Credit Information Corporation (CIC), the country’s public credit registry and repository of credit information, recently issued the standards and rules for reaccreditation of its credit bureaus, also known as special accessing entities (SAE).

SAEs are duly accredited private corporations engaged primarily in the business of providing credit reports, ratings, and other similar credit information products and services, as defined by R. A. No. 9510 or the Credit Information System Act (CISA). They are entitled access to basic credit reports from the CIC database subject to pertinent provisions.

Published through CIC Circular No. 3, series of 2021, the said standards and rules took effect on 25 October 2021 and shall apply to current SAEs whose accreditations are set to expire namely CIBI Information Inc., CRIF Philippines, and TransUnion Information Solutions Inc.

“These rules are applicable to reaccreditation of SAEs for the “basic tier” which shall be the default accreditation tier of all SAEs. We’re planning to create additional accreditation tiers to sustain our operations and reach our targets on revenue generation. We will issue additional rules and regulations on this,” CIC President and CEO Atty. Ben Joshua A. Baltazar mentioned.

Requirements, subscription agreement

The rights and obligations of an SAE under the basic tier shall also be governed by the subscription agreement to be entered into by and between the CIC and the SAE.

Current SAEs seeking to be reaccredited shall submit their latest General Information Sheet (GIS), clearance from the Securities and Exchange Commission (SEC), Board Resolutions on the authorization of the SAE to apply for reaccreditation and the authorized signatories for the subscription agreement, audited financial statements, and business plan for the next three years, among others.

“It is important to note that SAEs are subject to annual volume commitments on paid access of CIC basic credit reports. They also need to present the projected annual growth of their credit report usage. We want to make sure that the CIC data is being maximized and to improve our overall quality of service for our stakeholders,” Atty. Baltazar added.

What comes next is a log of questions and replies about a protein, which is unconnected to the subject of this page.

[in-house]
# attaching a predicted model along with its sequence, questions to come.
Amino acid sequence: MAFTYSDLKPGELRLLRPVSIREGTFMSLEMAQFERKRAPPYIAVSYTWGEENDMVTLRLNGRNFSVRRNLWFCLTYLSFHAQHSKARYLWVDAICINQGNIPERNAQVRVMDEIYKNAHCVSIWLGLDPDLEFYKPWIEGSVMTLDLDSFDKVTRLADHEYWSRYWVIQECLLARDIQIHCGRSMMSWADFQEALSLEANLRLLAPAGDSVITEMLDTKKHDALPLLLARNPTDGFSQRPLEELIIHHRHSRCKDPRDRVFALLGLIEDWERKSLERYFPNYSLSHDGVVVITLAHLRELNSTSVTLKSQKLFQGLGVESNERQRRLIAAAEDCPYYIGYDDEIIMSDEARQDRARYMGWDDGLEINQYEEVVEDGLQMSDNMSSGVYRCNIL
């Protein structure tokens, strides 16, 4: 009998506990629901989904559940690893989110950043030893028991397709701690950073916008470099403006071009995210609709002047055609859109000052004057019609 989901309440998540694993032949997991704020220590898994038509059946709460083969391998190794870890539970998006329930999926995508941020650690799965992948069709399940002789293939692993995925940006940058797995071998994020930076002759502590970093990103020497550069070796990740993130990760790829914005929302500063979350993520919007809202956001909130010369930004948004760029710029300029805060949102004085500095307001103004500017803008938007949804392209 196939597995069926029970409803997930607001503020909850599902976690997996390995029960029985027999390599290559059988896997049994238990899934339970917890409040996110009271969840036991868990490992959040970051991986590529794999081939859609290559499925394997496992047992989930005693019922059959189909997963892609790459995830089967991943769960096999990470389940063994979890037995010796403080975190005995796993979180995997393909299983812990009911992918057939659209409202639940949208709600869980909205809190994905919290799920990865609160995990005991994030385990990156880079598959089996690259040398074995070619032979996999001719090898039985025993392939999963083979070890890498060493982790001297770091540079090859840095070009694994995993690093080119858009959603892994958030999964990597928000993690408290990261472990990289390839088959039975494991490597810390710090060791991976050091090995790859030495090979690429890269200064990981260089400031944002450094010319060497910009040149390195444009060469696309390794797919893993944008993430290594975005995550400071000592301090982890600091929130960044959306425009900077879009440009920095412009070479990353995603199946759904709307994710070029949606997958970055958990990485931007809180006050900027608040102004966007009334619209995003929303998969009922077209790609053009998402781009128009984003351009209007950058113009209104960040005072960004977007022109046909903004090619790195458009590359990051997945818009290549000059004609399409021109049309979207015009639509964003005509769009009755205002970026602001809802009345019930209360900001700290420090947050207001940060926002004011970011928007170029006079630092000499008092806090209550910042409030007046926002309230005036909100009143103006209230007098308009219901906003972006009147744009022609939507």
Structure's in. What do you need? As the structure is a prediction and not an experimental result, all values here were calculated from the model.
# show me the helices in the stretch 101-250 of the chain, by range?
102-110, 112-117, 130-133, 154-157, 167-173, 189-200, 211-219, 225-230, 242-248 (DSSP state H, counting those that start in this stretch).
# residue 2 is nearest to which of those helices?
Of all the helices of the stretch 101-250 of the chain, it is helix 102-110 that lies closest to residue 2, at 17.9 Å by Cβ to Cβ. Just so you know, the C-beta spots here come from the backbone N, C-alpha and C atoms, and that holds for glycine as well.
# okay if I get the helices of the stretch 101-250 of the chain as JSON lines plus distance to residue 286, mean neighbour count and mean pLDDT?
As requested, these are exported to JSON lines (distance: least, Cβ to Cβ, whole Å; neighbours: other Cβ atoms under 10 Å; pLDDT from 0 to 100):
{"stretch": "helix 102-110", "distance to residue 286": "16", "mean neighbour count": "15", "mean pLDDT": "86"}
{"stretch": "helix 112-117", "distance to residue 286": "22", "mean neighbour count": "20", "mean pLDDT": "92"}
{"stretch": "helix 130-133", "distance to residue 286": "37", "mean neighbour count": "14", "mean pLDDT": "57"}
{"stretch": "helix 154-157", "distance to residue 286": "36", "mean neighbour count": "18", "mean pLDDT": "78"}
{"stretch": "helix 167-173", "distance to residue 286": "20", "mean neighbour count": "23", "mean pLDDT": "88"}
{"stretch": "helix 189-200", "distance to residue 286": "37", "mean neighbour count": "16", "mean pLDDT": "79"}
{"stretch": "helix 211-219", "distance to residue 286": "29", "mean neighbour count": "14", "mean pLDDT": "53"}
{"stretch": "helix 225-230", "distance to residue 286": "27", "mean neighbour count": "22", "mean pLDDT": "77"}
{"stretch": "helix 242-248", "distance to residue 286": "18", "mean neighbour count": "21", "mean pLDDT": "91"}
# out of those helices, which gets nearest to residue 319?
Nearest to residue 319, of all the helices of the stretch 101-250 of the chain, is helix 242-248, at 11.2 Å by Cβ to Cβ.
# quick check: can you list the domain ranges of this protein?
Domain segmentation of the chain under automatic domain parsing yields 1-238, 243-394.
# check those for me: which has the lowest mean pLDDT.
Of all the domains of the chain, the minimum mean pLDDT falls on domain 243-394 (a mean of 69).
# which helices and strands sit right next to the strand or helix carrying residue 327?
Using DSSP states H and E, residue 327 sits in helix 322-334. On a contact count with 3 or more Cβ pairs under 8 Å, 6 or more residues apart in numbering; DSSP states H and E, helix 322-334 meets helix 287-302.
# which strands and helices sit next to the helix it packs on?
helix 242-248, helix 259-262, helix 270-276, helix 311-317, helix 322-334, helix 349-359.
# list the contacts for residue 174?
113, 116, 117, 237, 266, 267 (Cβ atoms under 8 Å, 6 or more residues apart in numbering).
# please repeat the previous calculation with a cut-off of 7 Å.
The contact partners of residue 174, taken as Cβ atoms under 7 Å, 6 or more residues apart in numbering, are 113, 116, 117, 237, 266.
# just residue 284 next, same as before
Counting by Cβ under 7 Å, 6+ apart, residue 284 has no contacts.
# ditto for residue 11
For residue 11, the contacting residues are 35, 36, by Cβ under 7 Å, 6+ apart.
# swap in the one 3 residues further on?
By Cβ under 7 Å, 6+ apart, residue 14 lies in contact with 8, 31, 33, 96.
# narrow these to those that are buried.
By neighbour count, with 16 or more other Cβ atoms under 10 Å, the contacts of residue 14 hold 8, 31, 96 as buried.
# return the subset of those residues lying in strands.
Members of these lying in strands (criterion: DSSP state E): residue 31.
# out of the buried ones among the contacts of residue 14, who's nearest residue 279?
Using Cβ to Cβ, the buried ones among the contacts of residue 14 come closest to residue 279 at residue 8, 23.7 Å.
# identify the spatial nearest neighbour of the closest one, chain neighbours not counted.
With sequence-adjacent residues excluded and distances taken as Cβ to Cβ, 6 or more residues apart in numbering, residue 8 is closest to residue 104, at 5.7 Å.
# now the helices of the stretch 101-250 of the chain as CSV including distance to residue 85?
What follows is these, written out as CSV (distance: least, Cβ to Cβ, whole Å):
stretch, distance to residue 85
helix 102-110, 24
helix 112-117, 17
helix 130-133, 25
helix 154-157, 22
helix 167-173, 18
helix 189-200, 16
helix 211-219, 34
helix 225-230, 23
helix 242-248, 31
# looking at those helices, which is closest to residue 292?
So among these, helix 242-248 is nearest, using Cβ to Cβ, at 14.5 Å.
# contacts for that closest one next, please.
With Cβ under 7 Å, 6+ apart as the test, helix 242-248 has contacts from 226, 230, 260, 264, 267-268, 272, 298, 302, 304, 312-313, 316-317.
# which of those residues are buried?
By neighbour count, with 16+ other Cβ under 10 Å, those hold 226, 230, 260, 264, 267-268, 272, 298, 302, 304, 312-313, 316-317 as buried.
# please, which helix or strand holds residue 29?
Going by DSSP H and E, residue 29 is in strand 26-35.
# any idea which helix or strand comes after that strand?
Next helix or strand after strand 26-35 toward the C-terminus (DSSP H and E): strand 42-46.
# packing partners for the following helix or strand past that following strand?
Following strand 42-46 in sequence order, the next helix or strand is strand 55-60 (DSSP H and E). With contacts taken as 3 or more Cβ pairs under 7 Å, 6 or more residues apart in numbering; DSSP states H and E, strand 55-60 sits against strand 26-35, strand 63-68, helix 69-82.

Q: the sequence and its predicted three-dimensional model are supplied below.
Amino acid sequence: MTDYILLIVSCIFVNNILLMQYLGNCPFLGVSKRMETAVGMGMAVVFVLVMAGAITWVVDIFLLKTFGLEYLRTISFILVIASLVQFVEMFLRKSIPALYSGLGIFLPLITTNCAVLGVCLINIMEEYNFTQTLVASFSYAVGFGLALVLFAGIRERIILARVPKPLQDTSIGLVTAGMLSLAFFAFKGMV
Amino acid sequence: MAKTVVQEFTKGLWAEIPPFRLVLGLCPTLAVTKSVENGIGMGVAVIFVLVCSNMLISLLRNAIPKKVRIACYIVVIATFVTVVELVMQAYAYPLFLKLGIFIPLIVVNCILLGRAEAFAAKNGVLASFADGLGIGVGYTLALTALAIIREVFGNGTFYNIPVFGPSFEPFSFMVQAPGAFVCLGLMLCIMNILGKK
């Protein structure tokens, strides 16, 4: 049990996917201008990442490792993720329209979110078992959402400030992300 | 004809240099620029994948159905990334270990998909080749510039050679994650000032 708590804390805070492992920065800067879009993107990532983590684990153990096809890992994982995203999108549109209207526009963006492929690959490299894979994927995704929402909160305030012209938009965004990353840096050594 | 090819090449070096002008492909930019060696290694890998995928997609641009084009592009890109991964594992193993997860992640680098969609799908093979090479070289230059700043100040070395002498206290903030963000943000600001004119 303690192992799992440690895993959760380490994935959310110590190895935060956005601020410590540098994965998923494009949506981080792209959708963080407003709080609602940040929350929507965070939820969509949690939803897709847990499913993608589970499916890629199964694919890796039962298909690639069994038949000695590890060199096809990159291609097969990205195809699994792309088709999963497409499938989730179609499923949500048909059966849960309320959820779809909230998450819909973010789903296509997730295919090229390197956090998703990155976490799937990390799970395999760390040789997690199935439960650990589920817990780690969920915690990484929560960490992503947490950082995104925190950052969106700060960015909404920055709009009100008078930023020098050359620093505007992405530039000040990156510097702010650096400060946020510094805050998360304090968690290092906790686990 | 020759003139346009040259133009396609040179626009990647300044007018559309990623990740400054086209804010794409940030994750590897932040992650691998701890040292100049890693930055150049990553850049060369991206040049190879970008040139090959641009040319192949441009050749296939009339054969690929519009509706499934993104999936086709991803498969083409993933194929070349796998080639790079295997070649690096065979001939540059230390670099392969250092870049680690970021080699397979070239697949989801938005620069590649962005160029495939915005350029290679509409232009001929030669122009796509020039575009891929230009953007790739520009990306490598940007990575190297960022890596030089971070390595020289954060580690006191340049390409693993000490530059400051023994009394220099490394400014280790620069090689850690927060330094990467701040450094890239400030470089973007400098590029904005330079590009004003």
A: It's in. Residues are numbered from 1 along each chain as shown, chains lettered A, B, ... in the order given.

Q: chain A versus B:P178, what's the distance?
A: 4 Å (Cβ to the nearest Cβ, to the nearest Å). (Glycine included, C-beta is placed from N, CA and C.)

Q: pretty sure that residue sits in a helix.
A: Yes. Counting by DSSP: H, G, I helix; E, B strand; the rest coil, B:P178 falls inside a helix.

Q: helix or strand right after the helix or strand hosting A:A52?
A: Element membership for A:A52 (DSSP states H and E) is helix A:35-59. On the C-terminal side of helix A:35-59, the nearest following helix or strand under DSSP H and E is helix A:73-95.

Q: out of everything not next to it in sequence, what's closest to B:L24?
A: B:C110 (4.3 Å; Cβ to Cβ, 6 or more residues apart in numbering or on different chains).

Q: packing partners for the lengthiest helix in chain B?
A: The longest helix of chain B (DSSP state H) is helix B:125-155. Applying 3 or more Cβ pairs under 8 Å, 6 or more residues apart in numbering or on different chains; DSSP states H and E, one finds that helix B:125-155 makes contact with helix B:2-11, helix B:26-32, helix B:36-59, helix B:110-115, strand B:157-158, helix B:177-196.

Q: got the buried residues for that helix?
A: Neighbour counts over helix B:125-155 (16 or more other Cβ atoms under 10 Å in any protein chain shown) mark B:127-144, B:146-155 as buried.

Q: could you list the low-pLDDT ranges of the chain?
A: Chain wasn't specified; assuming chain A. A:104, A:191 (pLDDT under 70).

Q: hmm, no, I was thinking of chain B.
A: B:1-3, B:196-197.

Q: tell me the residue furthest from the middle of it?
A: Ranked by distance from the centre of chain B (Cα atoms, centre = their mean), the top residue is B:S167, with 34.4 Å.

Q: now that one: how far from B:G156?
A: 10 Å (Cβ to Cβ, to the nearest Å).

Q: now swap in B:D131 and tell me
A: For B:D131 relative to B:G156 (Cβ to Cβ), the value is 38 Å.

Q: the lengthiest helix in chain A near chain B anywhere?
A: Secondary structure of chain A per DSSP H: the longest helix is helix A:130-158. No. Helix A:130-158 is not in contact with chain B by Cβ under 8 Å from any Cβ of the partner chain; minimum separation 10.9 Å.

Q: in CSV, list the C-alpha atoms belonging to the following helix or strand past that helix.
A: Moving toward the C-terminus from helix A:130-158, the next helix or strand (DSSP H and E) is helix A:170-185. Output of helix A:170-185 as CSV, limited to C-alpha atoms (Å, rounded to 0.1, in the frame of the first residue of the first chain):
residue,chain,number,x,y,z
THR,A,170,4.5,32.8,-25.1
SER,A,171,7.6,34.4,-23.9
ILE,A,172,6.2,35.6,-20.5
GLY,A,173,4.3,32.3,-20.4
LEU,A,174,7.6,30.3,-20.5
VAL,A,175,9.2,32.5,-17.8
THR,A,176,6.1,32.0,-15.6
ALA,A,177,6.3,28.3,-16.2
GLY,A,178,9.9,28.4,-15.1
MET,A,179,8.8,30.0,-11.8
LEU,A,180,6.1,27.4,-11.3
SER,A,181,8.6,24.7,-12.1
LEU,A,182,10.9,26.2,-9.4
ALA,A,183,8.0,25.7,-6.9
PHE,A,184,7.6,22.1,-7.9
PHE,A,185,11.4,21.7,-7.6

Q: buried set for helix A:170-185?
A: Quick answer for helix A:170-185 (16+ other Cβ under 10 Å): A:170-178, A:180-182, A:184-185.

The SAEs are likewise required to submit detailed information on the technical descriptions and/or specifications of their internal security policies, communications and technology infrastructure, and procedures to ensure the confidentiality, integrity, and security of the credit data to be processed.

Value-added services

While the processing, accessing, dissemination, and storage of credit data obtained from the CIC shall be wholly done by the SAEs within the Philippine jurisdiction, the use of cloud technology may allow them to conduct related activities off-shore.

“Dissemination of the credit data abroad shall be allowed in cases where it is to the benefit of Overseas Filipino Workers (OFWs), Filipino migrants, Filipino citizens, and Philippine residents living abroad. We want to give them the chance to prove their creditworthiness and be assessed fairly when availing loans and other financial services through the CIC Credit Report,” the PCEO continued.

He added the need for SAEs to develop and provide value-added products and services using the CIC basic credit report such as credit scores: “Failure to develop and provide value-added products and services for the duration of the accreditation may be a ground for their suspension or revocation.”

Accreditation granted to the SAEs shall be valid for up to five (5) years, commencing from the date as stated in the subscription agreement unless sooner lapsed, revoked, or suspended, and upon payment of the yearly subscription fee of five million pesos.